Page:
Wood Pellet Stoves 101

Not everyone is able to heat their homes with natural gas, because some areas of the country, particularly the northeast and rural areas throughout the United States, do not have natural gas lines yet. Instead, these people must rely on electric or oil heat, which can be extremely expensive.

Another option is heating with wood, but a wood stove is not only messy, but it is also extremely labor intensive. Every summer is spent "making" wood—finding trees, felling them, cutting them into 16-inch lengths, splitting them, and stacking them, all potentially dangerous activities as well. And if you don't do it yourself, you have to pay someone to procure and prepare the wood for you.  

Fortunately, there is another option—heating with a pellet stove. Here is a look at what you need to know about this heating alternative.

What Is a Pellet Stove?

A pellet stove often looks quite similar to a traditional wood stove. Rather than using logs, however, it uses pellets as the heat source.

What Are the Pellets Made from?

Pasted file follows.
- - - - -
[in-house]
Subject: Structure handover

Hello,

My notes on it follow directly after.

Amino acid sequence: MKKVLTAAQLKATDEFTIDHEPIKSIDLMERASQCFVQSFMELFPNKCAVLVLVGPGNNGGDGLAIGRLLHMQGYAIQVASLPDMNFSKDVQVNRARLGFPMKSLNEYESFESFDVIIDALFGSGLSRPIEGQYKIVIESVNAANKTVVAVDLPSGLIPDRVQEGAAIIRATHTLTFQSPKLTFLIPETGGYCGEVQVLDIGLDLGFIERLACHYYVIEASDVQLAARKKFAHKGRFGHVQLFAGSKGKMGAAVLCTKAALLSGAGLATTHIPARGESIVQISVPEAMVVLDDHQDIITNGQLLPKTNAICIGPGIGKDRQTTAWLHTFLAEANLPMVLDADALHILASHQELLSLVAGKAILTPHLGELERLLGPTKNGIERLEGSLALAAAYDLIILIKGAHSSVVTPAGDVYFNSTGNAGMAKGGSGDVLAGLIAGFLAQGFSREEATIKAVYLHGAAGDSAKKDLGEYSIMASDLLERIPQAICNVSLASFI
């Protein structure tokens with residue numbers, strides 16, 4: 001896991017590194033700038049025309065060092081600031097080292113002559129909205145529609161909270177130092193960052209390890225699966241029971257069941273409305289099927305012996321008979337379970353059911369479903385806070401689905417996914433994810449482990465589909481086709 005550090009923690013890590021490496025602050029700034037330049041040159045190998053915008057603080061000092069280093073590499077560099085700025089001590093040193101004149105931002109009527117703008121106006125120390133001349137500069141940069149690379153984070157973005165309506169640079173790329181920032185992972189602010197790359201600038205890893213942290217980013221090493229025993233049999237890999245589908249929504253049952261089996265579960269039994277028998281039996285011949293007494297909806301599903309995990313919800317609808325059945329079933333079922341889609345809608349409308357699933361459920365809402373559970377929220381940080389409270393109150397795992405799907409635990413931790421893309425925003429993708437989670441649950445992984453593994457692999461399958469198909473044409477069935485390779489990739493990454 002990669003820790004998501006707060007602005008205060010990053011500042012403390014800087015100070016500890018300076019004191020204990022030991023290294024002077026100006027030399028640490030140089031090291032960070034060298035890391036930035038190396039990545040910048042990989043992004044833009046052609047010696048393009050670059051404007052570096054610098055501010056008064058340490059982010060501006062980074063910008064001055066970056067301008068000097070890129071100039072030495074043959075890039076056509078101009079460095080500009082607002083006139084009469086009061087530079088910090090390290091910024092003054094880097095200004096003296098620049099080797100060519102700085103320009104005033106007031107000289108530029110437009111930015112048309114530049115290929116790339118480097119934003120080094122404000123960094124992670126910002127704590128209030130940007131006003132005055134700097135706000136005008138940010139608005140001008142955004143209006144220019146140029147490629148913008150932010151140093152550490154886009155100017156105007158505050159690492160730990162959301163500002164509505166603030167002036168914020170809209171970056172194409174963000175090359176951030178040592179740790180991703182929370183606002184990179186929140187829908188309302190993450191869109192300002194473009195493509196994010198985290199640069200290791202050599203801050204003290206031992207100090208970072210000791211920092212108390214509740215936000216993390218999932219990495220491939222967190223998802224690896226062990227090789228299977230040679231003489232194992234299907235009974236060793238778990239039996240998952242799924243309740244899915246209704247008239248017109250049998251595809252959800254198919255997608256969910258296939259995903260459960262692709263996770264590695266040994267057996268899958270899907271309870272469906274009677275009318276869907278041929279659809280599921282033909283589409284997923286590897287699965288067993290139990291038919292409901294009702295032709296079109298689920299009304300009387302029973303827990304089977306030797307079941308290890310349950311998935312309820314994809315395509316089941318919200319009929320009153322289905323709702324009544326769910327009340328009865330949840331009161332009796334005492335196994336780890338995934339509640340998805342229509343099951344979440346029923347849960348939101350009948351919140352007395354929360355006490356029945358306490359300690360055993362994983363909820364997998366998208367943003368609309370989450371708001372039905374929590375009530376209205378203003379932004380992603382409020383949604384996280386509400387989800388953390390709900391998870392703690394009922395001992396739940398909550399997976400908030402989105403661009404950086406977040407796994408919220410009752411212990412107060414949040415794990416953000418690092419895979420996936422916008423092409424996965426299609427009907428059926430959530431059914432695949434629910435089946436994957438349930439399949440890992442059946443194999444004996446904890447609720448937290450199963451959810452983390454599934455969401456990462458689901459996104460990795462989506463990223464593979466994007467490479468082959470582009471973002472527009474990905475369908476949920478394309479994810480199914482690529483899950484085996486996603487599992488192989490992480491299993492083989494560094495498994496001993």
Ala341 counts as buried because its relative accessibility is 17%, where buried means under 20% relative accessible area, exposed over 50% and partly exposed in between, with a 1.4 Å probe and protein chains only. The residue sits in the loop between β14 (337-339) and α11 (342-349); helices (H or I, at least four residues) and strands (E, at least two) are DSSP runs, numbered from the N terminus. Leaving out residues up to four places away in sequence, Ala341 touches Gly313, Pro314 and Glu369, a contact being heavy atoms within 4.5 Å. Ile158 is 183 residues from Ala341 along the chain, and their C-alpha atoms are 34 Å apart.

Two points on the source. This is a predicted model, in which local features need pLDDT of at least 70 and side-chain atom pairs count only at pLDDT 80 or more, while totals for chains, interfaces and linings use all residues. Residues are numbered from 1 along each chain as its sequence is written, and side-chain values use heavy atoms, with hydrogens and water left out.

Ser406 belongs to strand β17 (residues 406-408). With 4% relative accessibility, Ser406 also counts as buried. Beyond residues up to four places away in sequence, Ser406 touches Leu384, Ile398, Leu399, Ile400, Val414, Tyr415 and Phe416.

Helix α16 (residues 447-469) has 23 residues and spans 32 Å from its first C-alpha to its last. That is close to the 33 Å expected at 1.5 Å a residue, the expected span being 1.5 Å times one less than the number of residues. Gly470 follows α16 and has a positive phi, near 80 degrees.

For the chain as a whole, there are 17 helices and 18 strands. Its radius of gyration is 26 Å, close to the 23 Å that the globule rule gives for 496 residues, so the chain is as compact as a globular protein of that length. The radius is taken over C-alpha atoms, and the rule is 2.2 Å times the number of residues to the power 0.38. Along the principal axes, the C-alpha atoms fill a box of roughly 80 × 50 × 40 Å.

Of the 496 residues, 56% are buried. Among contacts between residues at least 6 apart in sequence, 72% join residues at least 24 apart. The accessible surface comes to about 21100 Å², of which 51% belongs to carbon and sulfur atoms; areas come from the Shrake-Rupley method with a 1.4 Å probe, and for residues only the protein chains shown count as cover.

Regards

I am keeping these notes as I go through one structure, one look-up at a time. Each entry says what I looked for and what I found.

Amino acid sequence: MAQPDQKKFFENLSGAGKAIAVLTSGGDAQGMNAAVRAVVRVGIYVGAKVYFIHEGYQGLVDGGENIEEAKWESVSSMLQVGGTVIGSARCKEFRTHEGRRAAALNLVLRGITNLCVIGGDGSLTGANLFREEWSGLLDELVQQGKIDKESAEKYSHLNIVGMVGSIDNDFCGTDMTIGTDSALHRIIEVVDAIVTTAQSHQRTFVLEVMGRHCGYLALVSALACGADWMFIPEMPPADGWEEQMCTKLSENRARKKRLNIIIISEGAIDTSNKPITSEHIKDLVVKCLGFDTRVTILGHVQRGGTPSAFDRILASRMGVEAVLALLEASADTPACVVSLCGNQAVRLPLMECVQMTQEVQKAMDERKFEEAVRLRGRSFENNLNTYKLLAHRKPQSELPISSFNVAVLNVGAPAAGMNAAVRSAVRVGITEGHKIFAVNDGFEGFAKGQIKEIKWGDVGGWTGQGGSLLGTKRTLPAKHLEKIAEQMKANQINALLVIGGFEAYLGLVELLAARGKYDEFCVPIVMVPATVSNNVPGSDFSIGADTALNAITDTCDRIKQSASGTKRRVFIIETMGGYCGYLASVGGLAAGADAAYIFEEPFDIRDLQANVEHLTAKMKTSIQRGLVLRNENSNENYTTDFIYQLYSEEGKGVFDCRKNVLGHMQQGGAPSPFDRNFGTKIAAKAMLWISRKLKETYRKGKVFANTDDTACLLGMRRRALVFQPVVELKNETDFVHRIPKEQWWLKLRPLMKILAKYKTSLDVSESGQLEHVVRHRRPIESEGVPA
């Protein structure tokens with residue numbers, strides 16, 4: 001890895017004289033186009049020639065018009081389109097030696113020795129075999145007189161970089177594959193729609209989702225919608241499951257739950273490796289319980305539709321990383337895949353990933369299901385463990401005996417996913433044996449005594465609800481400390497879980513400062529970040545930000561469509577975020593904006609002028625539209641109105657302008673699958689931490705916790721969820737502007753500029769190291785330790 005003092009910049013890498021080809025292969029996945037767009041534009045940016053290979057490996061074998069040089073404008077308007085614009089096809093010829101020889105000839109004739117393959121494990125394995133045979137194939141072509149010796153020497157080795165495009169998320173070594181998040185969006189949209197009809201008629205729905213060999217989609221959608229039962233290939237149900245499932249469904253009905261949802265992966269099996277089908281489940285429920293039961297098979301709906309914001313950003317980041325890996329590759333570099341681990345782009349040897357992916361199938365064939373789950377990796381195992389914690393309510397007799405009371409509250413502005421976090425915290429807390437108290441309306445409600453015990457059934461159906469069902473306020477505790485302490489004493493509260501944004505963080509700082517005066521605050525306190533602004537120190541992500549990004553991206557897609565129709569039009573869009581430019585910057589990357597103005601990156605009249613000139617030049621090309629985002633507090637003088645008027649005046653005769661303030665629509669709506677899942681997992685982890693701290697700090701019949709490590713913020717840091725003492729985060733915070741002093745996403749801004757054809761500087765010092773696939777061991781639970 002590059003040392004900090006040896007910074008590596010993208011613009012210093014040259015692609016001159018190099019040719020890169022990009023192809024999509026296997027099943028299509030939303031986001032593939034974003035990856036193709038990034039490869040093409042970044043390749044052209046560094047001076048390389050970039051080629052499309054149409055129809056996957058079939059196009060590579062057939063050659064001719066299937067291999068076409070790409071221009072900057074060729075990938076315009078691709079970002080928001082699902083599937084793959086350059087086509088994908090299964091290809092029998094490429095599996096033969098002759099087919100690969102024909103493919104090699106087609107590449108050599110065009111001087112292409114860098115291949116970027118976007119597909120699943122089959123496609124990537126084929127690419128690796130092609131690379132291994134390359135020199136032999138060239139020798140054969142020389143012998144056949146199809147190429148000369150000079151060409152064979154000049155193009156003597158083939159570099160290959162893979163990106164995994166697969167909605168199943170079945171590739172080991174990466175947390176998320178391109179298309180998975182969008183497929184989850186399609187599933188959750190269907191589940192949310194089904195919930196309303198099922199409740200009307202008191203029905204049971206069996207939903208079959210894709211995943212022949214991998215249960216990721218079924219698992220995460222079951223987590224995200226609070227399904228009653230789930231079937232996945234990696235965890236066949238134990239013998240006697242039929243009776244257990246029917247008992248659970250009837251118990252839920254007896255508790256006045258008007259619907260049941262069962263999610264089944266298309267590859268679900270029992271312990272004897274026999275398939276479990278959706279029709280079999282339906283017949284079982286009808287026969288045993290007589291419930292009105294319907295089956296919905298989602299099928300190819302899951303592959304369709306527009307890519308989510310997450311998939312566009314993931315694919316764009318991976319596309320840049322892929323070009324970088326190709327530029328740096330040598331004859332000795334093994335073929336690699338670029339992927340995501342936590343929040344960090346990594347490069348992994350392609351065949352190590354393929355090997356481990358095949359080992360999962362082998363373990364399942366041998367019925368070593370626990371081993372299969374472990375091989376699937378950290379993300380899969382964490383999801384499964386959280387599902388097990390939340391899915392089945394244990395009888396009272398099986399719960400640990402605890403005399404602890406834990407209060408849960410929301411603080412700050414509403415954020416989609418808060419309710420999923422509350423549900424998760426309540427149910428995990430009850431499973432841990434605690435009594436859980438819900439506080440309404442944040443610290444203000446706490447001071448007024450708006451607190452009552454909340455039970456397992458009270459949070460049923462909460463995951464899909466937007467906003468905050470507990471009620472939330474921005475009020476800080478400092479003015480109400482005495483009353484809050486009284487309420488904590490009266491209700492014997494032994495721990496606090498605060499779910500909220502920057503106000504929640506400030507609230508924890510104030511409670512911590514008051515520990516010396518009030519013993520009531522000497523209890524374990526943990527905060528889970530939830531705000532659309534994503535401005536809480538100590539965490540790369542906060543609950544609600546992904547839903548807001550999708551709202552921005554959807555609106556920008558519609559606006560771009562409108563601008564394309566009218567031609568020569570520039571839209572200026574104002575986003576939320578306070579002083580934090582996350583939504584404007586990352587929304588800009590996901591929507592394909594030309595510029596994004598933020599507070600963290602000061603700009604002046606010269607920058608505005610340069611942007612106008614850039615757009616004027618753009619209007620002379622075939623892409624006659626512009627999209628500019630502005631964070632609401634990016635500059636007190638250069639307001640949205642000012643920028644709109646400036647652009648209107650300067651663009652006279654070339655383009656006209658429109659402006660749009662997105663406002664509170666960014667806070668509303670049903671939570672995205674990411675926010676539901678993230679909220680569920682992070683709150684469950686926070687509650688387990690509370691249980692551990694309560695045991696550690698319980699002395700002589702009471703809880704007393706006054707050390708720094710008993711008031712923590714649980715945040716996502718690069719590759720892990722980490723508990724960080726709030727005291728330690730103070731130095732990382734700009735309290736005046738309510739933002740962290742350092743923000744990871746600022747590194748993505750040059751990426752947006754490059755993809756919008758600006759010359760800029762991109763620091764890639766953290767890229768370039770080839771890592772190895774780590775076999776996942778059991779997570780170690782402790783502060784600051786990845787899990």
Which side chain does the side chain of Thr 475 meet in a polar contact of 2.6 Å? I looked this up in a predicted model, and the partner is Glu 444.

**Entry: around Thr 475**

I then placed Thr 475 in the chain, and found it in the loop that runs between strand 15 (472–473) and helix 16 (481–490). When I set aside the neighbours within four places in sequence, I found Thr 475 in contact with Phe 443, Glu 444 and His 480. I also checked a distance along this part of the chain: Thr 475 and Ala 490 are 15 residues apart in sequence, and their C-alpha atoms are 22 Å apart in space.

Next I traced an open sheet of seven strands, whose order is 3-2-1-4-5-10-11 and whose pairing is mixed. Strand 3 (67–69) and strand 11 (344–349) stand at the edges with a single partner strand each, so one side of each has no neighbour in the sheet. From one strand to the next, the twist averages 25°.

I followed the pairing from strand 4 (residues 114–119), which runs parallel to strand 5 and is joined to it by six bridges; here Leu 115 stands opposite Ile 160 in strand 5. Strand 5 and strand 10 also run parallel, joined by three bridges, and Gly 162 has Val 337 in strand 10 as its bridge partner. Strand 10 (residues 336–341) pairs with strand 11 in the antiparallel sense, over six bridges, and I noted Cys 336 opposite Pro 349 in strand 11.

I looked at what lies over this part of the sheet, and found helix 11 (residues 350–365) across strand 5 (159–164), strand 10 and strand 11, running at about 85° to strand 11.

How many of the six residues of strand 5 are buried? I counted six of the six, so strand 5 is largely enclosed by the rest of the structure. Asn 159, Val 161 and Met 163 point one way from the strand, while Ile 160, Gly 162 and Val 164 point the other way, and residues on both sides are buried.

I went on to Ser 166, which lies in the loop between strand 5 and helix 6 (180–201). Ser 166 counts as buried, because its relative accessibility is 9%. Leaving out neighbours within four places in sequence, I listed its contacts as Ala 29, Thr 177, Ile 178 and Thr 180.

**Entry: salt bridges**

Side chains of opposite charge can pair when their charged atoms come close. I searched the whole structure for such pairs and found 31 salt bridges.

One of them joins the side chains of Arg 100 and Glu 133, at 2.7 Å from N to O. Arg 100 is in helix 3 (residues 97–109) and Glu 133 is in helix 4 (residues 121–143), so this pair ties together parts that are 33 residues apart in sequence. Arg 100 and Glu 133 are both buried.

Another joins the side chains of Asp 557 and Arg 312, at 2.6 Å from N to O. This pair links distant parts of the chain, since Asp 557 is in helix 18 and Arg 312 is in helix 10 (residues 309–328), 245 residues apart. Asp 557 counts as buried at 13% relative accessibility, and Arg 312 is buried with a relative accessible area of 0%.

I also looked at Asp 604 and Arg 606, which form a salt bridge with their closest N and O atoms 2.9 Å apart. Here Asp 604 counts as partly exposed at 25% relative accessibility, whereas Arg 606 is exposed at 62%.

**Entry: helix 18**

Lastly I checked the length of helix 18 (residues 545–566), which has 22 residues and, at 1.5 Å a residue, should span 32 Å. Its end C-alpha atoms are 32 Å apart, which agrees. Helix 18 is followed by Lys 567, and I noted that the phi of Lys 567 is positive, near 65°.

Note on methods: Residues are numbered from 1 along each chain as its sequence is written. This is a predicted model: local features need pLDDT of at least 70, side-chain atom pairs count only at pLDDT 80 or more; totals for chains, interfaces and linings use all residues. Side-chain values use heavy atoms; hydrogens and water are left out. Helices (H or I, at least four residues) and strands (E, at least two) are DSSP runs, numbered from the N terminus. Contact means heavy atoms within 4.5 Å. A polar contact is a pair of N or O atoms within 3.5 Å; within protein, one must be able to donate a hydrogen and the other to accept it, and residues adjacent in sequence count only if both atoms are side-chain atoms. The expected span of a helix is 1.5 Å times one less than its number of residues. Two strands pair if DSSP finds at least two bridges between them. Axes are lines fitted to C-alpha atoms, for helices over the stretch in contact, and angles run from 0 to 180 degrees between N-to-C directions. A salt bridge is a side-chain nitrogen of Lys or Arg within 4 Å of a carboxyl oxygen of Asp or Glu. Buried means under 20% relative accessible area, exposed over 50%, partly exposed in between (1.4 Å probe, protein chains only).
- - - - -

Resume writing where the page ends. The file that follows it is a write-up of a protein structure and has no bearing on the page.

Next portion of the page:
Pellets are typically made from recycled wood and waste material, such as sawdust. Other biomass may be used as well, such as corn or peanut hulls. These materials are tightly compressed into capsule-shaped heating dynamos that look similar to commercial animal feed pellets. Each pellet is about one-half inch to one inch in length.

What Are the Benefits of a Pellet Stove Over a Traditional Wood Stove?

In addition to being far less labor-intensive, a pellet stove has many other advantages:

  1. Pellets are easier to maneuver. Logs are heavy. When you consider how many times a log needs to be moved, you're getting a workout! Pellets are lightweight and come in a bag that is easily manageable for most anyone.
  2. Pellets don't create as much ash as logs. With a traditional wood stove, you have to constantly let the fire die down long enough to be able to remove the ash that builds up on the bottom of the stove. This can be dangerous as hot ash can easily spark and cause a fire. When the fire is out, you then have to use more kindling and wood and spend the time getting it going again.
  3. Pellets don't create as much creosote. Creosote is a byproduct from burning wood. It builds up in your chimney and must be regularly cleaned. If it is left unchecked, it can easily cause a chimney fire. With a pellet stove, you won't need your chimney cleaned nearly as often as pellets don't create as much creosote as logs do.
  4. Pellet stoves have a hopper. The way a pellet stove is designed means you don't need to spend as much time feeding and tending to the fire. You simply open the hopper and add pellets, and the stove will self-feed as it needs the pellets. This means you don't have to get up in the middle of the night to keep the fire going anymore.